The other extremely memorable bit of the bike is Solar Hill. And boy is it memorable.
After another pretty decent climb, we headed through a town where there were loads of inflatable arches and then everyone got funnelled into single file and the crowd closed in. The support and noise was absolutely phenomenal; it was a real goose bump moment and I smiled all the way up it. The climb goes on a little longer than ideal, but it was a really special part of the day.
At the end of loop 1, things were absolutely on plan … 175w average power, 30.5kmph average speed, nutrition was going fine. Fair play, I was racing quite well.
Loop two was, unsurprisingly, more of the same mostly. The crowds were generally out more in the smaller towns and the weather was still warming. I spent less time in aero than I wanted but it hurt, so I tried to do 5 or 10 minutes on the bars, 5 or 10 upright. Must practice the position more.
But, with about 35km to go I hit a problem. My front Di2 shifter wouldn’t work and so I couldn’t change down from the big ring. I tried pressing the buttons really hard but no joy. I also tried to make sure all the cables were connected but couldn’t see anything wrong.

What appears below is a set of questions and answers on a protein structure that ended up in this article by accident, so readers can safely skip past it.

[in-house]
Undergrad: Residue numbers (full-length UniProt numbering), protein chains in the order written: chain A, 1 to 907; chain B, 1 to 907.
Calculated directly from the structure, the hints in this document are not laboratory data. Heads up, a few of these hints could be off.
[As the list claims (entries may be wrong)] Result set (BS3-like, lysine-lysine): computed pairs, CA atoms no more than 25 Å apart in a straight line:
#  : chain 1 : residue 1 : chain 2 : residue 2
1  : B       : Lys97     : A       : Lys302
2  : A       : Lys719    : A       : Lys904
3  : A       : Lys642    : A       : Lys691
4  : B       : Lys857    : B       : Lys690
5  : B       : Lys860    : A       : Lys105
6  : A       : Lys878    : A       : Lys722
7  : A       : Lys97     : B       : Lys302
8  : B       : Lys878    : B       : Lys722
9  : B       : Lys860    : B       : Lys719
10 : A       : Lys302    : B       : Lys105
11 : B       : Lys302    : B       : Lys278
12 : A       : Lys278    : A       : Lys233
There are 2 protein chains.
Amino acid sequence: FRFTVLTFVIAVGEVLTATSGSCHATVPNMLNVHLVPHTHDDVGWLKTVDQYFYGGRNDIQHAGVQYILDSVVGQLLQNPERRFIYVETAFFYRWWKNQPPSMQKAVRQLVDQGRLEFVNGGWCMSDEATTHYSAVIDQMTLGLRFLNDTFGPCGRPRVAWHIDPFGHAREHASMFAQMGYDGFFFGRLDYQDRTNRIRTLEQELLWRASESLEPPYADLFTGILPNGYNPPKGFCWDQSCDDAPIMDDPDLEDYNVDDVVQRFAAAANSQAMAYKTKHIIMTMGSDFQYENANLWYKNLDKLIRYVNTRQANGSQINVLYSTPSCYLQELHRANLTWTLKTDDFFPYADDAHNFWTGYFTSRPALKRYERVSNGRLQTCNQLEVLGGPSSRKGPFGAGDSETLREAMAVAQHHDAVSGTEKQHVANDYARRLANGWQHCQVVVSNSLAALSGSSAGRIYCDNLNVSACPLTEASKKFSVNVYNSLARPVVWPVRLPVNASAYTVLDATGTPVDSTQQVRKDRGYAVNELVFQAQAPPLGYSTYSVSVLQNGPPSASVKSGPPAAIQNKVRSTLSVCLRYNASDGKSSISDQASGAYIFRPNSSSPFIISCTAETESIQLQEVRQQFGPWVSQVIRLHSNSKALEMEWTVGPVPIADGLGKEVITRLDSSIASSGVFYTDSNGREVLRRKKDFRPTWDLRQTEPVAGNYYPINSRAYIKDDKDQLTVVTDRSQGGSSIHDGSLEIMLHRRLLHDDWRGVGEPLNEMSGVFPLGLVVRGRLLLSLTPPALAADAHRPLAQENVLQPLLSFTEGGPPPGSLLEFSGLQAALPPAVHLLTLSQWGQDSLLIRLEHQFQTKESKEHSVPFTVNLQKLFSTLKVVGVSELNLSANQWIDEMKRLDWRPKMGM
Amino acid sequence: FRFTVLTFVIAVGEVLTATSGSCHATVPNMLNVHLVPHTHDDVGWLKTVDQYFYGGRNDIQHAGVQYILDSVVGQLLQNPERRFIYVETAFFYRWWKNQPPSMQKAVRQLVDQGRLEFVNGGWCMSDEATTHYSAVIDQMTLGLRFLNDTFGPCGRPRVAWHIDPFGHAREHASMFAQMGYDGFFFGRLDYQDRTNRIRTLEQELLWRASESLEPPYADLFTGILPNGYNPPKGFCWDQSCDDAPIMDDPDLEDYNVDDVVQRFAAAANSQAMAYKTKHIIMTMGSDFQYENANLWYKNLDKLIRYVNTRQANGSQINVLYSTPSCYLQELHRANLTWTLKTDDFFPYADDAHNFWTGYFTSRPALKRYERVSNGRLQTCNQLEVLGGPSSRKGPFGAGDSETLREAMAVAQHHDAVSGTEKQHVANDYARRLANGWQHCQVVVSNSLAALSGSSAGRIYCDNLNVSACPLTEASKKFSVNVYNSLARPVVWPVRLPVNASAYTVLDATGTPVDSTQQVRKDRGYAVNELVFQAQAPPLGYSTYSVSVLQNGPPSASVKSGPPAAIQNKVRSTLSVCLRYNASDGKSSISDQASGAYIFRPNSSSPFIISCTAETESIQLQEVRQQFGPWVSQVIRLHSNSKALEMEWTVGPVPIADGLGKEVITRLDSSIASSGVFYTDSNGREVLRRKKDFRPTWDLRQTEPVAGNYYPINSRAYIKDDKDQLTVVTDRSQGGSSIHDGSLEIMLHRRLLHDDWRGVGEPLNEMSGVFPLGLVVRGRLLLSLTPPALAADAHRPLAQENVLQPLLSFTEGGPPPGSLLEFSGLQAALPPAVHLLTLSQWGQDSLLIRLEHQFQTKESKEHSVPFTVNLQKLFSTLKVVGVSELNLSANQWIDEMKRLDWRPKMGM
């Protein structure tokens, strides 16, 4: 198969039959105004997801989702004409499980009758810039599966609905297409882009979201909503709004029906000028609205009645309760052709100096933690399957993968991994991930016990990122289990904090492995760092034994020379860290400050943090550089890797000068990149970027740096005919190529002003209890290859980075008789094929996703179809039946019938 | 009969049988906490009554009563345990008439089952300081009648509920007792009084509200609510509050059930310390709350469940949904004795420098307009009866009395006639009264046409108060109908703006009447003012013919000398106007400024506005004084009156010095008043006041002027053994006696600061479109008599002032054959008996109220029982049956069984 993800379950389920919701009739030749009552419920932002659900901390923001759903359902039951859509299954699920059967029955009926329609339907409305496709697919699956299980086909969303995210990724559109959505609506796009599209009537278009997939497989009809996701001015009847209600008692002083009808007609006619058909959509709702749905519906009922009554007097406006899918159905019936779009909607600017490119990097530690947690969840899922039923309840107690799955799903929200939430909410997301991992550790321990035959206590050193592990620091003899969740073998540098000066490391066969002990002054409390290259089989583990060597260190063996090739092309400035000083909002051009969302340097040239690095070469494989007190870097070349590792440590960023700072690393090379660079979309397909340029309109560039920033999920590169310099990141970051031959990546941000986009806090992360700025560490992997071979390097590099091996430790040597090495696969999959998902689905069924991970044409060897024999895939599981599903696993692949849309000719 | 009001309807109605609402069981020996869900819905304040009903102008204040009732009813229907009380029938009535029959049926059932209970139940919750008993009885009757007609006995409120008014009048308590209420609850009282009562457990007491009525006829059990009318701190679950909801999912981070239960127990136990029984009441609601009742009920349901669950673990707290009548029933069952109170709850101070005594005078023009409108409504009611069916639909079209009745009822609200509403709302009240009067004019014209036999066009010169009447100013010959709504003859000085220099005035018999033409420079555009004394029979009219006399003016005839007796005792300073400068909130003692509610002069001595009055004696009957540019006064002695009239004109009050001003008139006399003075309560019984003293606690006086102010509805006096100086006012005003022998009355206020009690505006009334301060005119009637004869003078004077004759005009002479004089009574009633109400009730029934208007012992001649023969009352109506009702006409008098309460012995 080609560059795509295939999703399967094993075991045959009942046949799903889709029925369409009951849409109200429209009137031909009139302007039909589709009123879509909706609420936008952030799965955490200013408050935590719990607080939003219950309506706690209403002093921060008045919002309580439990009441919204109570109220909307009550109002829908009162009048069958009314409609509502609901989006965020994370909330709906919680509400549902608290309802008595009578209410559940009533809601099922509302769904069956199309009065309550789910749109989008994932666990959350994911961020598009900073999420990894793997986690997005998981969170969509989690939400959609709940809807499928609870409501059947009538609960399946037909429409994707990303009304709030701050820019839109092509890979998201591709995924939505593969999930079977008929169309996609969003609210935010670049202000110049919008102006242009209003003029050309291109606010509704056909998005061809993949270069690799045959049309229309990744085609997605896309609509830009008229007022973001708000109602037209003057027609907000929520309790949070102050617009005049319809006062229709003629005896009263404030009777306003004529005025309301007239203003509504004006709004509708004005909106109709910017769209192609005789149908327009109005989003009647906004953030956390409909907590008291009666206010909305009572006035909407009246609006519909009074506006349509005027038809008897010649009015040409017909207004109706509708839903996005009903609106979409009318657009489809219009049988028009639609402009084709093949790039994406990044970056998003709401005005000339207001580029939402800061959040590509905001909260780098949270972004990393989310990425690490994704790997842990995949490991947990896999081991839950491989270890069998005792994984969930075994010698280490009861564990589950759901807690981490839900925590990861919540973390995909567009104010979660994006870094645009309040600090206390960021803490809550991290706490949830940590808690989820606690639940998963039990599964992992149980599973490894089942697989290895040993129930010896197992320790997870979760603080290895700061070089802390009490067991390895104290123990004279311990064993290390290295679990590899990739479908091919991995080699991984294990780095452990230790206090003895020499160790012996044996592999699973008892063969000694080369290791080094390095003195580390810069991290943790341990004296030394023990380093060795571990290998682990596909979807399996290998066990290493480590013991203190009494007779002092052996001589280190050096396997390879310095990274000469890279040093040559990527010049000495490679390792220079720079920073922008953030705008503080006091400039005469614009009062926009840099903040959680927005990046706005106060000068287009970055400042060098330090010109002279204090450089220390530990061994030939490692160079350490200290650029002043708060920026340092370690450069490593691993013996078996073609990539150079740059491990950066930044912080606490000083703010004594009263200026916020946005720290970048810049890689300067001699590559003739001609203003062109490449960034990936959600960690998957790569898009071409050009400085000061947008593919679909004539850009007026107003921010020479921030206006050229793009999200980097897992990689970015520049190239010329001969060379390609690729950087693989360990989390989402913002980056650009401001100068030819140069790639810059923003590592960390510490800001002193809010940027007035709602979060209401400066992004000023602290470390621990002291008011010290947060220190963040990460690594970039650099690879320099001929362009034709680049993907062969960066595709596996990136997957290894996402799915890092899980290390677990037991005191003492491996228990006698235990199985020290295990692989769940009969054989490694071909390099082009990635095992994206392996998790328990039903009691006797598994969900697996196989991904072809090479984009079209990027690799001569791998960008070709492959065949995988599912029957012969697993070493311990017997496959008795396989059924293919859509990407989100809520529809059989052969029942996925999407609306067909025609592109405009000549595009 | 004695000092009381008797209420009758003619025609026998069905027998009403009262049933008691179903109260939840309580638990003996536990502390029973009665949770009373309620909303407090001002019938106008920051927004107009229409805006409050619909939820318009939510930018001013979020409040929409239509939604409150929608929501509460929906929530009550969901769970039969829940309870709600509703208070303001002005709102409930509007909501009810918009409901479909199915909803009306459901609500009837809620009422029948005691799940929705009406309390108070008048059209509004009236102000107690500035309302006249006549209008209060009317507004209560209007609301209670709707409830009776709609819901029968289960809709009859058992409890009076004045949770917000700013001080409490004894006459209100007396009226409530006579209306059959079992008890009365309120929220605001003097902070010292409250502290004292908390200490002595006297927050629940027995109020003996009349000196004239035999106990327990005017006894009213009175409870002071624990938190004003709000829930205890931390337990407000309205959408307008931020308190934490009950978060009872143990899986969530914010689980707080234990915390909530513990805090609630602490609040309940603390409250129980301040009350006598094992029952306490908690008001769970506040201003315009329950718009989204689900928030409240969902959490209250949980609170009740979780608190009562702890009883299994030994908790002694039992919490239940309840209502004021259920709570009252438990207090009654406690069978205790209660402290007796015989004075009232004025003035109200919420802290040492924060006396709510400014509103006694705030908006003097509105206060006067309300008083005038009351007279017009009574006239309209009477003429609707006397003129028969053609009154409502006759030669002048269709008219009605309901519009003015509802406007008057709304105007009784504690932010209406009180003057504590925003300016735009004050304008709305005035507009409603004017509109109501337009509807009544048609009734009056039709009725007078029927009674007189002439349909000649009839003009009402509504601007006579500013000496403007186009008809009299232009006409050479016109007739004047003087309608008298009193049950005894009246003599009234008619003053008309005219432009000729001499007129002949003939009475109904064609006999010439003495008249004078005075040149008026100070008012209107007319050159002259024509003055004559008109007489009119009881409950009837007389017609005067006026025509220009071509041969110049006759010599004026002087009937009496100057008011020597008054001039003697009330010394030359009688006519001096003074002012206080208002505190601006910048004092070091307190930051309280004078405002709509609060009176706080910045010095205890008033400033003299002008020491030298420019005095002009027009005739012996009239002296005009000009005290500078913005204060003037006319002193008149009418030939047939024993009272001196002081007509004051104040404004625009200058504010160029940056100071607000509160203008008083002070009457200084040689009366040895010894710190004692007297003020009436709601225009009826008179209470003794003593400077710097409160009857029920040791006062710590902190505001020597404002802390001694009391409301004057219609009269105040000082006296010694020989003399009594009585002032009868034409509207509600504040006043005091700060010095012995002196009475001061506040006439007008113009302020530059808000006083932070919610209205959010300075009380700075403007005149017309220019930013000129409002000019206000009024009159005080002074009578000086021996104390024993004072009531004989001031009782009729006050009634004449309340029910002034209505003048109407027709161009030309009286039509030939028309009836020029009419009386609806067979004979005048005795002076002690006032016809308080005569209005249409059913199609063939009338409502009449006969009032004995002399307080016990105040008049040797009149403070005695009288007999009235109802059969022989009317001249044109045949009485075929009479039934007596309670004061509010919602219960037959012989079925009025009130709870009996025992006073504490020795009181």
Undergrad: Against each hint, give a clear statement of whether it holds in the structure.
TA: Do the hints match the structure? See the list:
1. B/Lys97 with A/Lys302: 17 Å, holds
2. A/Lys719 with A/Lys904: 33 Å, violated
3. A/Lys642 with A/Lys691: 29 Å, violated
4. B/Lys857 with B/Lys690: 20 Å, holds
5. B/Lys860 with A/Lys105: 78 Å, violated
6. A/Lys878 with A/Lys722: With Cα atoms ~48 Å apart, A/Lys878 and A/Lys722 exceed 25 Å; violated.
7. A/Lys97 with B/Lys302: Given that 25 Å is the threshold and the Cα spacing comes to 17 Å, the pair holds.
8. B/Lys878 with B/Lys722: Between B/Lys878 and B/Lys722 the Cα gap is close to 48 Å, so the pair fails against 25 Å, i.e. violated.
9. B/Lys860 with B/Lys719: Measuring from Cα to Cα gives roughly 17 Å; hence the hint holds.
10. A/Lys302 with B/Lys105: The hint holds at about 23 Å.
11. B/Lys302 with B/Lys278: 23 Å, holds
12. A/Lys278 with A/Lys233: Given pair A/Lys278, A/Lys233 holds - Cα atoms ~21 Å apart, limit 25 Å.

I debated with myself what to do — crack on and hope it’s ok or stop and fiddle some more. Then, miraculously, I saw a roaming bike mechanic quad bike in a lay-by and stopped to ask for help. My German isn’t so good but I asked can they help fix Di2 … Perhaps the only disappointing part of the weekend was that they just turned their backs and carried on talking amongst themselves! No help was forthcoming so I returned to trying to plug the cables in tighter, but I’m useless at fixing that sort stuff and it doesn’t work.